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Jul 2nd 2017 at 7:36:20 PM •••

Why was this trope so popular in the 1990s specifically? Along with Green Aesops, it was practically endemic to works of fiction produced in that era, but is much less common today. What happened?

Aug 2nd 2013 at 9:21:55 PM •••

  • Pelswick has a five-token family. The title character is in a wheelchair, his father is white, his adopted sister is black, and his gran-gran is a senior citizen.

Okay, several points:

  1. Is Kate black? Even if she is, it's probably not obvious enough to qualify her for tokenism. She has the lightest skin in her family.
  2. Being a senior citizen in a family isn't very meaningful.
  3. Pelswick's family has five people in it; his little brother, Bobby, is pretty much "default" too.
  4. Pelswick himself is not a token. He was not added "for diversity" but because the show's creator liked having a mouthpiece to make fun of himself. His disabled status not defining him was the entire point of the show.

All things said, I don't think this example really fits.

Oct 7th 2010 at 9:57:29 AM •••

Something's been bugging me lately: how do people go about creating a diverse cast without falling victim to or being accused of Tokenism? Especially if a character is a member of more than one minority? It seems like people just won't be happy: if there are no minorities represented, it's racist. If there's only one, it's Tokenism. If there's more than one different minority represented, it's Political Correctness Gone Mad!

Seriously, where's the line between legit diversity and Five-Token Band?

Edited by Hide/Show Replies
Feb 27th 2011 at 11:24:54 AM •••

A little late, so I apologize, but I agree with the above post. While some of the examples are legit, some examples scream to me: "Hey, the cast's diverse. This must mean that they're all tokens!"

Maybe I'm wrong, but I always thought "token minority" means someone adding in a minority to a work of fiction so it doesn't appear racist, but the token acts in a stereotypical manner (like the token black guy in some movies/shows where he speaks in "hip urban lingo".) So if a character (or a group of them) is a minority, but they're not tokens and actually well developed (or at the very least, don't act in a stereotypical manner), do they count for this trope?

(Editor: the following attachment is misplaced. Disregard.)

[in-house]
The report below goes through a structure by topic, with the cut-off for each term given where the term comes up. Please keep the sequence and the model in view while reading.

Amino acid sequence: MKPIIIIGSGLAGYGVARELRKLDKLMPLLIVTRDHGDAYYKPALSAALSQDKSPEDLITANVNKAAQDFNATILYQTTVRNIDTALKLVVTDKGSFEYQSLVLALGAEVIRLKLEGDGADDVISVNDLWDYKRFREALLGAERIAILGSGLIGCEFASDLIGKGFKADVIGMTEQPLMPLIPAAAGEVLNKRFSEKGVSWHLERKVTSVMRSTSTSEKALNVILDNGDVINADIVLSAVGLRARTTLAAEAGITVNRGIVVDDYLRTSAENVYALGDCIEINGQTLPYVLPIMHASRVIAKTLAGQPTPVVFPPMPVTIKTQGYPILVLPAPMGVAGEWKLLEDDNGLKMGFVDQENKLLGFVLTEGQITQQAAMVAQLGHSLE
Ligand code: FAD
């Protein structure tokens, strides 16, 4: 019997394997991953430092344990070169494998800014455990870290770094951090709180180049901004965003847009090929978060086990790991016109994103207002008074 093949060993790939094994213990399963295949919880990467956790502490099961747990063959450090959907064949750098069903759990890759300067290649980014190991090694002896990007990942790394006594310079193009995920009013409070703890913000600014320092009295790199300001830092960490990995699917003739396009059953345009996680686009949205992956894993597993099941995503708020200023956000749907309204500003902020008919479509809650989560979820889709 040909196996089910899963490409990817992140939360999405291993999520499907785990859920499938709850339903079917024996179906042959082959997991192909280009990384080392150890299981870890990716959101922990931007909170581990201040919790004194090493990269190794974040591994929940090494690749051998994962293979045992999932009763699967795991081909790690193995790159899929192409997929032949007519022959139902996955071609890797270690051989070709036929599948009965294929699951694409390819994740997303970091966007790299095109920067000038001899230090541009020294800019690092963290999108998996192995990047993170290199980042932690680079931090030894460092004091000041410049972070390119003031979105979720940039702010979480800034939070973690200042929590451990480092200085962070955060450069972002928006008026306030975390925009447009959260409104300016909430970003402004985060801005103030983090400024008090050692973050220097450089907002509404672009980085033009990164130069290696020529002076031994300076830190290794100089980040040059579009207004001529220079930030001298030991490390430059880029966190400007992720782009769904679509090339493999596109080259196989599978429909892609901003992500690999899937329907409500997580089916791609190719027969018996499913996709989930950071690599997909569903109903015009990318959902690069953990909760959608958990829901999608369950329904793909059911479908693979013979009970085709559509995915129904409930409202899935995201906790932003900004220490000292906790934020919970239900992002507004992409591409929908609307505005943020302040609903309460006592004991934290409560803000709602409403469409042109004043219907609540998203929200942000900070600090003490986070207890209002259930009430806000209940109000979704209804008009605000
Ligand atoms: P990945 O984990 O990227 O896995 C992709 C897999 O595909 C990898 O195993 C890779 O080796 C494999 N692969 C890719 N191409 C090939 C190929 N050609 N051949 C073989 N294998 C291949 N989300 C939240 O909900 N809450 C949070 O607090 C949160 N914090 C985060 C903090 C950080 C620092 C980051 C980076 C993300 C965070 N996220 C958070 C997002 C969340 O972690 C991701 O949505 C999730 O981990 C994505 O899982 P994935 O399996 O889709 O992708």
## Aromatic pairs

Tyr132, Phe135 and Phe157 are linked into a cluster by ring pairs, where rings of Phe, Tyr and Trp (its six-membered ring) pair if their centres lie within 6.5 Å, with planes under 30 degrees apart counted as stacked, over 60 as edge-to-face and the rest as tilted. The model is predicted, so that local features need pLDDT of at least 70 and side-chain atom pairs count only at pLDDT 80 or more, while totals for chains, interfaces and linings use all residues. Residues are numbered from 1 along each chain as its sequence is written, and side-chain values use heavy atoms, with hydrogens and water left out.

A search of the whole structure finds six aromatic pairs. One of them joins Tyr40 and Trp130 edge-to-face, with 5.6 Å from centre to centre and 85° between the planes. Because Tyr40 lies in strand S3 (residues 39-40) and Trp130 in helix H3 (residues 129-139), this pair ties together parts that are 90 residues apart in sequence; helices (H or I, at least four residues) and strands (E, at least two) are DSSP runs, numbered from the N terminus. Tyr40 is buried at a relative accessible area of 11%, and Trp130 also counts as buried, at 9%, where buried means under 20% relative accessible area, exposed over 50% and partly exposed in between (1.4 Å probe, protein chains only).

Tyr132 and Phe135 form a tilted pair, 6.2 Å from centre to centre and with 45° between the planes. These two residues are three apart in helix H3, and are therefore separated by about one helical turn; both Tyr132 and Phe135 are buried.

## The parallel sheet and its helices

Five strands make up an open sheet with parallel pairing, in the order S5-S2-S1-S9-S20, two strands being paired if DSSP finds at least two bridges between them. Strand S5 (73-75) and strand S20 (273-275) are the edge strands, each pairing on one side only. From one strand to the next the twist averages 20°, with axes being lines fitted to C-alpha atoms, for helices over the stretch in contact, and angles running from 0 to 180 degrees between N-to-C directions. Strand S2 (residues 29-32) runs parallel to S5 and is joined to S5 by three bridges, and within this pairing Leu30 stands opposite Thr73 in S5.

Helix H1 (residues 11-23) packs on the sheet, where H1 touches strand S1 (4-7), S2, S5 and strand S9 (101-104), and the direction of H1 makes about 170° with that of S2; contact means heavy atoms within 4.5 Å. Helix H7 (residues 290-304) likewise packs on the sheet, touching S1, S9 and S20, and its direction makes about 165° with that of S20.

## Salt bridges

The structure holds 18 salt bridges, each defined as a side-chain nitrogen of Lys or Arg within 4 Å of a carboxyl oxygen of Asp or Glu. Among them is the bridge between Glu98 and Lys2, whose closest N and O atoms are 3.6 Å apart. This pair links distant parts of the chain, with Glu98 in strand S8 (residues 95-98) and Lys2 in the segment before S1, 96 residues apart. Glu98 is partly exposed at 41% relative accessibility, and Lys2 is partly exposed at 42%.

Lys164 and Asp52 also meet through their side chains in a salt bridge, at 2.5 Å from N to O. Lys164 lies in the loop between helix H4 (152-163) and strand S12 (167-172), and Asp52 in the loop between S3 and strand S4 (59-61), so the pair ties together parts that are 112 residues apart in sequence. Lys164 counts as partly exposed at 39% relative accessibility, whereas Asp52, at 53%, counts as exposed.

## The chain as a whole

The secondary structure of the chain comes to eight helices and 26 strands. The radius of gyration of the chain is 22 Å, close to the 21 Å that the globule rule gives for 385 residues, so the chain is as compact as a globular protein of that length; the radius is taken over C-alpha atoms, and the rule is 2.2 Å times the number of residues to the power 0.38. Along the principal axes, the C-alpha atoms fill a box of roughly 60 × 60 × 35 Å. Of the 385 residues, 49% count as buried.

Aug 9th 2011 at 9:26:25 PM •••

I think a clearer line needs to be drawn between Five-Token Band and Multinational Team. There's a lot of confusion between them. It might make more sense to highlight one as a "positive" trope and the other as a "negative" trope so there's less confusion - in other words, the Multinational Team is when the show has "legit diversity" while Five-Token Band is when the show uses tokenism.

Another option is to make one a "fact trope" while the other is a "YMMV trope". For example, Multinational Team can refer to the simple fact of having a multi-ethnic team, while Five-Token Band can become YMMV as to whether the show executes this properly.

EDIT: I just rewrote the two tropes to distinguish them; hopefully, these are not too drastic changes.

Edited by screennameless
May 26th 2010 at 2:36:18 AM •••

Minor note on the page image: Extreme Ghostbusters would also be acceptable as an illustration of a Five-Token Band. The Kids Next Door, however, lacks a character in a wheelchair, which is vital to conveying the sheer tokenism.

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